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|Effects of Hepatitis B Surface Antigen on Virus-specific and Global T Cells in Patients With Chronic HBV infection
|Nina Le Bert
Upkar S Gill
Damien Z M Tan
Navjyot K Hansi
Evan W Newell
Patrick T F Kennedy
|Nina Le Bert, Upkar S Gill, Michelle Hong, Kamini Kunasegaran, Damien Z M Tan, Raidah Ahmad, Yang Cheng, Charles-A Dutertre, Andreas Heinecke, Laura Rivino, Anthony Tan, Navjyot K Hansi, Min Zhang, Sujuan Xi, Yutian Chong, Stefan Pflanz, Evan W Newell, Patrick T F Kennedy, Antonio Bertoletti (2020-05-21). Effects of Hepatitis B Surface Antigen on Virus-specific and Global T Cells in Patients With Chronic HBV infection. Gastroenterology. ScholarBank@NUS Repository. https://doi.org/10.1053/j.gastro.2020.04.019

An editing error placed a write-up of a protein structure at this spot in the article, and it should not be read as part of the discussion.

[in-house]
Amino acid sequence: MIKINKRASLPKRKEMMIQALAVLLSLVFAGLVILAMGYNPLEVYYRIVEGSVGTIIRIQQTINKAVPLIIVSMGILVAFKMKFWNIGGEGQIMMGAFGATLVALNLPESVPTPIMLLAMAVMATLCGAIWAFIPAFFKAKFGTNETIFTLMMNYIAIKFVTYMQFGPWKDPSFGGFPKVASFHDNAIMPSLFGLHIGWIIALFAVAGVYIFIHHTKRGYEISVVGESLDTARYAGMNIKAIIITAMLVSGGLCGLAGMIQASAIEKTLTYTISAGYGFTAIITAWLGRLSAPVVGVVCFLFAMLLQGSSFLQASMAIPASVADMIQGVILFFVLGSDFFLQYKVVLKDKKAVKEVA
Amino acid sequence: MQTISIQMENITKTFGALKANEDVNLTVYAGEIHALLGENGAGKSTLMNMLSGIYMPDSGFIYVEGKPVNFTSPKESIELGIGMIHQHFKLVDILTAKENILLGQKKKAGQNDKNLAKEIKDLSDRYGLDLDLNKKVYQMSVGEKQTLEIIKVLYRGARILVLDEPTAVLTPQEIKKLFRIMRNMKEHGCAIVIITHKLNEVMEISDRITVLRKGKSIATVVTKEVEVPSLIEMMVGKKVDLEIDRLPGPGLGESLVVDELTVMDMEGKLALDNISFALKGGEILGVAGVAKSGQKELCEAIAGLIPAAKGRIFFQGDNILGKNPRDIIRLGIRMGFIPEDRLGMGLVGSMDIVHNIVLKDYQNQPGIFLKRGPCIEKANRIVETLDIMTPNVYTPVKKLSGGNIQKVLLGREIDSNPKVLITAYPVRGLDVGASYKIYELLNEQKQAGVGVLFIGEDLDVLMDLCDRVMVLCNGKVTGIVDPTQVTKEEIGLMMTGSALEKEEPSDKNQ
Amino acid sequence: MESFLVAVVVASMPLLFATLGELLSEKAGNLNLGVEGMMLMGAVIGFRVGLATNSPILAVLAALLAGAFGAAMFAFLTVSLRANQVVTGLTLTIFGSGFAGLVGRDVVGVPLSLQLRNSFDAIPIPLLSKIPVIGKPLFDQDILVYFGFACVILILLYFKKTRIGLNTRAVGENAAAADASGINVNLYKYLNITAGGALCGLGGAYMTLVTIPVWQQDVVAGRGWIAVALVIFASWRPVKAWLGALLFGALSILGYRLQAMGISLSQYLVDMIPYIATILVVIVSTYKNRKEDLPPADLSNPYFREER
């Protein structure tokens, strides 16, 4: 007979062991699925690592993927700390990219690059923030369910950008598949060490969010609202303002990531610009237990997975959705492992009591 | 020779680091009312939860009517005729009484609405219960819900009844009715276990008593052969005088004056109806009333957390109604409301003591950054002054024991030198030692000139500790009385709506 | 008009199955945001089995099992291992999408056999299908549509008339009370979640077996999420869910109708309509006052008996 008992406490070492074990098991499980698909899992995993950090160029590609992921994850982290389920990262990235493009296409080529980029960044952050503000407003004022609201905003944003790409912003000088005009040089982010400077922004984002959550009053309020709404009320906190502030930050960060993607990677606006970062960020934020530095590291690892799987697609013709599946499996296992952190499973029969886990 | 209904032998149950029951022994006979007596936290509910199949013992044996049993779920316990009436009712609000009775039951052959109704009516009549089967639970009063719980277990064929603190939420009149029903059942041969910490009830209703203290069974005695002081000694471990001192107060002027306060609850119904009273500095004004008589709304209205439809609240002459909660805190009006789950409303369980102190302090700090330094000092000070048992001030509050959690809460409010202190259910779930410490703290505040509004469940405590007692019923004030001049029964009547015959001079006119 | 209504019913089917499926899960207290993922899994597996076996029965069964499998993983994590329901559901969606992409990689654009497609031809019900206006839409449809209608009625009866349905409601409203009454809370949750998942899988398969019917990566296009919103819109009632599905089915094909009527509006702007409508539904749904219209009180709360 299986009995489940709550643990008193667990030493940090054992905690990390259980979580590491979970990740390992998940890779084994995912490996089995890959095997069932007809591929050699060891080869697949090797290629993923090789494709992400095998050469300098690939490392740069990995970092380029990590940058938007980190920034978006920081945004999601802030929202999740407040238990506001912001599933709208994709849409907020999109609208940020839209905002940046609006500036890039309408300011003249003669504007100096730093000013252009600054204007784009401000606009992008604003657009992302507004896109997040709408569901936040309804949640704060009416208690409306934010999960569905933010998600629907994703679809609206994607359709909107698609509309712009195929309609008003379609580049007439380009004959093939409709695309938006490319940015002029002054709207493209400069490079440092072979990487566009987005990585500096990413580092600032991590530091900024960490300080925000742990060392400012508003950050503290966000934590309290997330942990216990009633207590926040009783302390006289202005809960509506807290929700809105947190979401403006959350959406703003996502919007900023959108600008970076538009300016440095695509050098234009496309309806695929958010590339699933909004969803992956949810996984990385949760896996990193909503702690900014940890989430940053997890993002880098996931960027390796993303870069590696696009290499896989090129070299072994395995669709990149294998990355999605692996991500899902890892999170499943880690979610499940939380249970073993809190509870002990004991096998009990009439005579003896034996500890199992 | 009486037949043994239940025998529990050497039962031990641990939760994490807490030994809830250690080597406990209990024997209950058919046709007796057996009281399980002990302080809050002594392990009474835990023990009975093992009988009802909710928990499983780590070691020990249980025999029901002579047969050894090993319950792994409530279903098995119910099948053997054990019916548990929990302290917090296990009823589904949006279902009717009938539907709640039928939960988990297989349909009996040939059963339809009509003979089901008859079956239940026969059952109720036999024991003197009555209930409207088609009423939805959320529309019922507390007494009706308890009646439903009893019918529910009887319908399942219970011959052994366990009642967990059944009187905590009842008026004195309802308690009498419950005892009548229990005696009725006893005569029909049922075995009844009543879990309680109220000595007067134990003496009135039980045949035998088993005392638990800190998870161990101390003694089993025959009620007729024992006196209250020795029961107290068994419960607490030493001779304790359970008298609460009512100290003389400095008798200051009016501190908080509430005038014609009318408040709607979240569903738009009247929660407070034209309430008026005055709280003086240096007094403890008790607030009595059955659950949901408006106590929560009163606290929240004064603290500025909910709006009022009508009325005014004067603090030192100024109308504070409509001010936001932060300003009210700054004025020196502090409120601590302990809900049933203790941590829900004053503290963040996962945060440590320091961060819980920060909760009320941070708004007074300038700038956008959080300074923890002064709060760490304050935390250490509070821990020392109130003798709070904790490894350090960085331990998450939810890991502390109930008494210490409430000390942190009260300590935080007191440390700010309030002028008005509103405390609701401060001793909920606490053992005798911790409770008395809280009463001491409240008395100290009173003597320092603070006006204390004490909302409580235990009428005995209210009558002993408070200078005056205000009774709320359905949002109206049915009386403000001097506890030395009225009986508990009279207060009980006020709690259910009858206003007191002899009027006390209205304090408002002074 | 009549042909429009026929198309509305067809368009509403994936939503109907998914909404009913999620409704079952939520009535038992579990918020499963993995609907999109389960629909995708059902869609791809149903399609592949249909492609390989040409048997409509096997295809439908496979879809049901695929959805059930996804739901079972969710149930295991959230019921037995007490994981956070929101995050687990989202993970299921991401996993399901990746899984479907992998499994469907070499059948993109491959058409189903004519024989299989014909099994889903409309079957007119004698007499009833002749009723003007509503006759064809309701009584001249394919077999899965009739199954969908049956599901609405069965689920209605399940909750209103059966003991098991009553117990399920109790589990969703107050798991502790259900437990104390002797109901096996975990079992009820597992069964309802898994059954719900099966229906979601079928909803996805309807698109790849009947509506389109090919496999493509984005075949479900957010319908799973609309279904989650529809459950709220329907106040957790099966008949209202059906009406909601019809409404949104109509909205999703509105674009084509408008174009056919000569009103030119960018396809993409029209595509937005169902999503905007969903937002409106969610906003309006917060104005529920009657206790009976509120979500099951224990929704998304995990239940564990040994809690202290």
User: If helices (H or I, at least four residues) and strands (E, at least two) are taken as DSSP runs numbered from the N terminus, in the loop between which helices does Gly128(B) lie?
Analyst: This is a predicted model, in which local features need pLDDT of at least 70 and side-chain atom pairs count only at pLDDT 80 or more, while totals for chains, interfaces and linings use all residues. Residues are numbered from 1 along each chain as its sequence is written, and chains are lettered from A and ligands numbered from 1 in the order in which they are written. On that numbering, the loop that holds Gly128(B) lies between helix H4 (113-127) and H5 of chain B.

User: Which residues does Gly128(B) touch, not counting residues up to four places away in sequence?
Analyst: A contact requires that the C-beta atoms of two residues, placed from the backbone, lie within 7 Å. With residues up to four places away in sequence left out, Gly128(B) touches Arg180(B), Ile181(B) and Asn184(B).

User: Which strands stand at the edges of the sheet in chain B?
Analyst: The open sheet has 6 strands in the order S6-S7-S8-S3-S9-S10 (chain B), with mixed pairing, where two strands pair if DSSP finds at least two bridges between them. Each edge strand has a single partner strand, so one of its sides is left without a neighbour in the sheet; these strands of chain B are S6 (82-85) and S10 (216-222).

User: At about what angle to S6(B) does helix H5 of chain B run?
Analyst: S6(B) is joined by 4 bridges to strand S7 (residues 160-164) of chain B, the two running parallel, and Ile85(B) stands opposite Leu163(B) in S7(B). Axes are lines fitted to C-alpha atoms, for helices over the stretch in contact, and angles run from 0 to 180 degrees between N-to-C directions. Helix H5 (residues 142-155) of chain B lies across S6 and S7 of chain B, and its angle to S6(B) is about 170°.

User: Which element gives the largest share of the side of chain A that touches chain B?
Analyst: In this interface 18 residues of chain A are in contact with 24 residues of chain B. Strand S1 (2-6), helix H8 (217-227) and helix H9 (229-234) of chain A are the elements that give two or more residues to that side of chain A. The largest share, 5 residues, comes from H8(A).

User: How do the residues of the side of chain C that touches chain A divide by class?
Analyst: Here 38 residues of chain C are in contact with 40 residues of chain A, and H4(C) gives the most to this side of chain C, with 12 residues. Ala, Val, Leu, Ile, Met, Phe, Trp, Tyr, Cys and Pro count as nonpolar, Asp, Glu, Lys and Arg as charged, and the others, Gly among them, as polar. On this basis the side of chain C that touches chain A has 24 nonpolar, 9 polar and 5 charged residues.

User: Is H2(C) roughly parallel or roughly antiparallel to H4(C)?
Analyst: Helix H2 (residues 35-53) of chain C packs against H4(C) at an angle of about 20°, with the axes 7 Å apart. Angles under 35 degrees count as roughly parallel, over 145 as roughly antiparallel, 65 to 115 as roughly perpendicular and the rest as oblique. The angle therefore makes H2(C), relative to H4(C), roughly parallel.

|Background & aims: Chronic hepatitis B virus (HBV) infection is characterized by the presence of defective viral envelope proteins (hepatitis B surface antigen, HBsAg) and the duration of infection-most patients acquire the infection at birth or during the first years of life. We investigated the effects of these factors on patients' lymphocyte and HBV-specific T-cell populations. Methods: We collected blood samples and clinical data from 243 patients with HBV infection (3-75 years old) in the United Kingdom and China. We measured levels of HBV DNA, HBsAg, HBeAg, and alanine aminotransferase; analyzed HBV genotypes; and isolated peripheral blood mononuclear cells (PBMC). In PBMC from 48 patients with varying levels of serum HBsAg, we measured 40 markers on nature killer (NK) and T cells by mass cytometry. PBMC from 189 patients with chronic infection and 38 patients with resolved infections were incubated with HBV peptide libraries, and HBV-specific T cells were identified by interferon gamma ELISpot assays or flow cytometry. We used multivariate linear regression and performed variable selection using Akaike's information criterion to identify covariates associated with HBV-specific responses of T cells. Results: Although T and NK cell phenotypes and functions did not change with level of serum HBsAg, numbers of HBs-specific T cells correlated with serum levels of HBsAg (r=0.3367; P<.00001). After we performed the variable selection, the multivariate linear regression model identified patient age as the only factor significantly associated with numbers of HBs-specific T cells (P=.000115). In patients younger than 30 years, HBs-specific T cells constituted 28.26% of the total HBV-specific T cells; this value decrease to 7.14% in patients older than 30 years. Conclusions: In an analysis of immune cells from patients with chronic HBV infection, we found the duration of HBsAg exposure, rather than quantity of HBsAg, associates with the level of anti-HBV immune response. Although the presence of HBs-specific T cells might not be required for clearance of HBV infection in all patients, strategies to restore anti-HBV immune responses should consider patients younger than 30 years.
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